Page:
Roughly 3% of the human genome is comprised of tandem repeats (International Human Genome Sequencing Consortium, 2001) that - with the exclusion of satellite DNA - can be classified into two groups according to the size of the repeat unit and overall length of the repeat array. Human minisatellites or VNTR loci have repeat units ranging in length from 6 bp to more than 100 bp depending on the locus, with arrays usually kilobases in length. Human GC-rich minisatellites are preferentially found clustered in the recombination-proficient subtelomeric regions of chromosomes (Royle et al., 1988). Some minisatellite loci show very high levels of allele length variability.
Molecular Forensics. Edited by Ralph Rapley and David Whitehouse Copyright 2007 by John Wiley & Sons, Ltd.
The accidental discovery of hypervariable minisatellite loci detectable with MLPs in 1984 by Sir Alec Jeffreys launched a new age in forensic investigation (Jeffreys et al., 1985a). These minisatellites were detected by hybridization of probes to Southern blots of restriction-enzyme-digested genomic DNA, to reveal restriction fragment length polymorphisms (RFLPs). A common 10-15 bp 'core' GC-rich sequence shared between different minisatellite loci allowed MLPs to detect a wide array of minisatellites simultaneously, producing multi-band (barcode-like) patterns known as 'DNA fingerprints' (Figure 5.1).
Using only a single MLP designated 33.15, the match probability between unrelated individuals was estimated at <3 x 10-11, and in the case of two MLPs (33.15 and 33.6) that detect different sets of minisatellites the match probability is <5 x 10-19 (Jeffreys et al., 1985b). These probabilities are so low that the only individuals possessing identical DNA fingerprints are monozygotic twins. The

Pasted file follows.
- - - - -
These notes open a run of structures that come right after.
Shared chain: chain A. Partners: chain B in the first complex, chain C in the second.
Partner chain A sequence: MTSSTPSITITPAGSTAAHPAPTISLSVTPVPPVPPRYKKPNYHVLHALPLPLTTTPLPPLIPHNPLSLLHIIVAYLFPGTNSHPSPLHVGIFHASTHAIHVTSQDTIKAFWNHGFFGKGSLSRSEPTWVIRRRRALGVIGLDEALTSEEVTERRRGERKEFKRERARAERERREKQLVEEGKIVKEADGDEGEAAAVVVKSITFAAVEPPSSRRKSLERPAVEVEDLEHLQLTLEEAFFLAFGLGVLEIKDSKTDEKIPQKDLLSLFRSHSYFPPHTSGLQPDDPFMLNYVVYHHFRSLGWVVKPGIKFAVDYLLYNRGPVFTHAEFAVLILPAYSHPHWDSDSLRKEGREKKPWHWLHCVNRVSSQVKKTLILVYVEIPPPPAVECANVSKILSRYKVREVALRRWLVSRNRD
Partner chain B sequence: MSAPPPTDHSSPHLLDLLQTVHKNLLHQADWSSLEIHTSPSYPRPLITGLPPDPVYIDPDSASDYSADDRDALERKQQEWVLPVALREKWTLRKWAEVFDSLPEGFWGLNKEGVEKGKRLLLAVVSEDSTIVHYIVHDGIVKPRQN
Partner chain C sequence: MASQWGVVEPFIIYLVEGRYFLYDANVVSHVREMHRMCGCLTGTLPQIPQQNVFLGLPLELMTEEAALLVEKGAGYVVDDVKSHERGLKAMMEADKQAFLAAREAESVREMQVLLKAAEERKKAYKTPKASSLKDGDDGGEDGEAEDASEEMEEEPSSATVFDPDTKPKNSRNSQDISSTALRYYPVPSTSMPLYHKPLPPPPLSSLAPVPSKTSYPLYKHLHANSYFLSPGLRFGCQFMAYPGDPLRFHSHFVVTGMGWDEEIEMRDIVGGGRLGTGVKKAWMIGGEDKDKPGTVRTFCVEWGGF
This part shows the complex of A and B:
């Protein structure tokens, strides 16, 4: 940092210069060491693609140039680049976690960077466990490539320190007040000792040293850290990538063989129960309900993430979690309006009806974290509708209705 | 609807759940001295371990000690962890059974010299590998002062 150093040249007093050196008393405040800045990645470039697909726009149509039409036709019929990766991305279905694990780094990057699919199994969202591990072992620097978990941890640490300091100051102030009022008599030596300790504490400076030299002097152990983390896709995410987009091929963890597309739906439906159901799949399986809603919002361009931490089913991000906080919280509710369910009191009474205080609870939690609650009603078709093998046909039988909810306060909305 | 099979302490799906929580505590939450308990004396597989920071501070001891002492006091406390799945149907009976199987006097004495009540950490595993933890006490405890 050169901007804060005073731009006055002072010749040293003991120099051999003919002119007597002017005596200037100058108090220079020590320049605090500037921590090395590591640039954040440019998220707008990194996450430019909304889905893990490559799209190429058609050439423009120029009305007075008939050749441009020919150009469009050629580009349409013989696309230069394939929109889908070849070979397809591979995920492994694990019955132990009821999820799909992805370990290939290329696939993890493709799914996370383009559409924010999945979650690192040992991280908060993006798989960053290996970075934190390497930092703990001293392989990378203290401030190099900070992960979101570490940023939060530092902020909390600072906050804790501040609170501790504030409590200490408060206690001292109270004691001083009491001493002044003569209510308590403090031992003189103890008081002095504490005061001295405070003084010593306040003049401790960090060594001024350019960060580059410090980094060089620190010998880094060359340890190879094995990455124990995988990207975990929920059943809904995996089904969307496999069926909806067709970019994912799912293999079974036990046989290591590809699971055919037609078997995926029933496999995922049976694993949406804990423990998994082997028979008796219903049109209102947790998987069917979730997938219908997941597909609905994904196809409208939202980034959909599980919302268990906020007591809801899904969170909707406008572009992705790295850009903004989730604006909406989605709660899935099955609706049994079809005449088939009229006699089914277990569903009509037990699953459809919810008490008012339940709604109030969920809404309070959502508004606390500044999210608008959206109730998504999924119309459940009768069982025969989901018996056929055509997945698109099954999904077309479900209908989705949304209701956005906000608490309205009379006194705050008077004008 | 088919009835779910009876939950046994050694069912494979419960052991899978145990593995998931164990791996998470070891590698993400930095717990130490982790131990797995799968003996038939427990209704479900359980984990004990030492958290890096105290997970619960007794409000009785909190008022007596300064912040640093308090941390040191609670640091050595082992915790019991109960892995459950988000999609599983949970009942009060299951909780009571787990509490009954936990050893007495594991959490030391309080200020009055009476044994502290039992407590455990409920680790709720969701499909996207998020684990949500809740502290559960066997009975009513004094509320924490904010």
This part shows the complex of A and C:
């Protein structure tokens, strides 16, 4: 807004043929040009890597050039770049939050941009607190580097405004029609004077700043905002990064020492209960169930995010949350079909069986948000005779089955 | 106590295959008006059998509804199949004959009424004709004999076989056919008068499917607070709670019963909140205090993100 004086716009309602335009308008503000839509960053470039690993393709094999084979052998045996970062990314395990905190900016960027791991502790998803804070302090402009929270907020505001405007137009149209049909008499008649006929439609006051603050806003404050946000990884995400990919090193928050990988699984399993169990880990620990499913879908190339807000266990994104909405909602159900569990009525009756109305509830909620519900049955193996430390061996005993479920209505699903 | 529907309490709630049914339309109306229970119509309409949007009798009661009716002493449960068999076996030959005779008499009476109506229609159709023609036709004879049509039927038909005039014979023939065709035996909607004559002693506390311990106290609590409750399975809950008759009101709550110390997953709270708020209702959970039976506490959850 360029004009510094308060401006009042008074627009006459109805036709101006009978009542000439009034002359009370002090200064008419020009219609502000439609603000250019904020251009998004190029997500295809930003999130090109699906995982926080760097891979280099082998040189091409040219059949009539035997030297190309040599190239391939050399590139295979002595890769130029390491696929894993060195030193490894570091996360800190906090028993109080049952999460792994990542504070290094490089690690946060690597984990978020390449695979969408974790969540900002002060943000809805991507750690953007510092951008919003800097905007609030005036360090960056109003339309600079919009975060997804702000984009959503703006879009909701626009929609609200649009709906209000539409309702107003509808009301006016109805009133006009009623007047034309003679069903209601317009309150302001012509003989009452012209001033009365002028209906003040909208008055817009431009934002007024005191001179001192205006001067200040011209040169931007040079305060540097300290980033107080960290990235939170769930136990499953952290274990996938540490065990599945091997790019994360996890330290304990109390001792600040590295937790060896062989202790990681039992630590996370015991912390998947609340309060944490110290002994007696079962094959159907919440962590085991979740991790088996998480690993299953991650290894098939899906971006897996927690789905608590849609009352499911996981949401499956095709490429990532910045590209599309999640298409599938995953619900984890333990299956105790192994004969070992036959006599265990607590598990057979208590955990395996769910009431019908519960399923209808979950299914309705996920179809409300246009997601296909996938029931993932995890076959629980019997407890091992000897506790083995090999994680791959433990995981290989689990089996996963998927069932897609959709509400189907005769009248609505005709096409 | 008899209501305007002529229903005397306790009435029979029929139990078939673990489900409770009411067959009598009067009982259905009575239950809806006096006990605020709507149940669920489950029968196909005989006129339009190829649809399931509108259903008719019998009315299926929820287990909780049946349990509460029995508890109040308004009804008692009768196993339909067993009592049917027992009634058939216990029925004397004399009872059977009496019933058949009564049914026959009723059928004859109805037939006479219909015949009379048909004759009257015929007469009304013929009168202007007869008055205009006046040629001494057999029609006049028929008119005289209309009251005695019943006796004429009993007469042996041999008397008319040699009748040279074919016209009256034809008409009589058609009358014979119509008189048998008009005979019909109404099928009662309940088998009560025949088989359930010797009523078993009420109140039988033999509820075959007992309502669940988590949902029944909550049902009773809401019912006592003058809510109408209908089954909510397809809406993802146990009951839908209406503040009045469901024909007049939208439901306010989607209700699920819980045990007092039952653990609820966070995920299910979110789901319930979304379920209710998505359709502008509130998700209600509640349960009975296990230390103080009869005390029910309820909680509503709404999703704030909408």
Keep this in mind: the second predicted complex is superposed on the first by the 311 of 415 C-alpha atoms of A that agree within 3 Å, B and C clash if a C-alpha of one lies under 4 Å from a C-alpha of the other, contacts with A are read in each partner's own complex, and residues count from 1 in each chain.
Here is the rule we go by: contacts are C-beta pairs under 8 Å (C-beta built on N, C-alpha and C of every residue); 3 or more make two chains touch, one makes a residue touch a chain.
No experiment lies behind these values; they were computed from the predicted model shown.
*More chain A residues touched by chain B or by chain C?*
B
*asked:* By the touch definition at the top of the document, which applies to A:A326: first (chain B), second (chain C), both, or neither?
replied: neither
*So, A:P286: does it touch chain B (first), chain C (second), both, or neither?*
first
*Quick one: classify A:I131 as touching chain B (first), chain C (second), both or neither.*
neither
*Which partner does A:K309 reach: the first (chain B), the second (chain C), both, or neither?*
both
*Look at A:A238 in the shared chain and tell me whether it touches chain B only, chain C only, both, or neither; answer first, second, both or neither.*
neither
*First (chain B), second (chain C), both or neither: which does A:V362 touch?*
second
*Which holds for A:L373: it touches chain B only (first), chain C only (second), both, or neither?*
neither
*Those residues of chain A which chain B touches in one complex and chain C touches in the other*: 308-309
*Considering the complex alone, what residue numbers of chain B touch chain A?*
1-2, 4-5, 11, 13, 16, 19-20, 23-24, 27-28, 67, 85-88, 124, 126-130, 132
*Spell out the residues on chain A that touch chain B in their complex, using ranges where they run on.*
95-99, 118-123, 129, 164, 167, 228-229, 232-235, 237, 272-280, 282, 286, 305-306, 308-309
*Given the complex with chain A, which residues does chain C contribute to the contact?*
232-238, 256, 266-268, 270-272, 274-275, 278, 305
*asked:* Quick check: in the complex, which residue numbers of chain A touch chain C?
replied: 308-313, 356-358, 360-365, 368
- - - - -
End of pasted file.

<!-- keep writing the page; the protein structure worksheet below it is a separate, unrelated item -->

Figure 5.1 Examples of DNA fingerprint autoradiographs using multi-locus probes 33.6 and 33.15 obtained from a paternity test. The barcode-like patterns of mother (lane 1) and child (lane 2) are compared with two alleged fathers (lanes 3 and 4). One of the alleged fathers (lane 3) has not been excluded as the biological father because he possesses all the similar-sized bands inherent in the child that were not inherited from the mother. The remaining candidate (lane 4) was excluded from paternity due to a lack of common bands with the child
MLPs have proven their use in paternity testing (Jeffreys et al., 1991a) and immigration cases (Jeffreys et al., 1985c). However, a significant drawback associated with MLPs is the requirement for several micrograms of high-quality genomic DNA in order to obtain reliable DNA fingerprints. Because forensic specimens are often old and yield small quantities of degraded DNA, MLPs are not generally suitable for forensic analysis, although they were successfully implemented in a number of early criminal investigations (Gill and Werrett, 1987).
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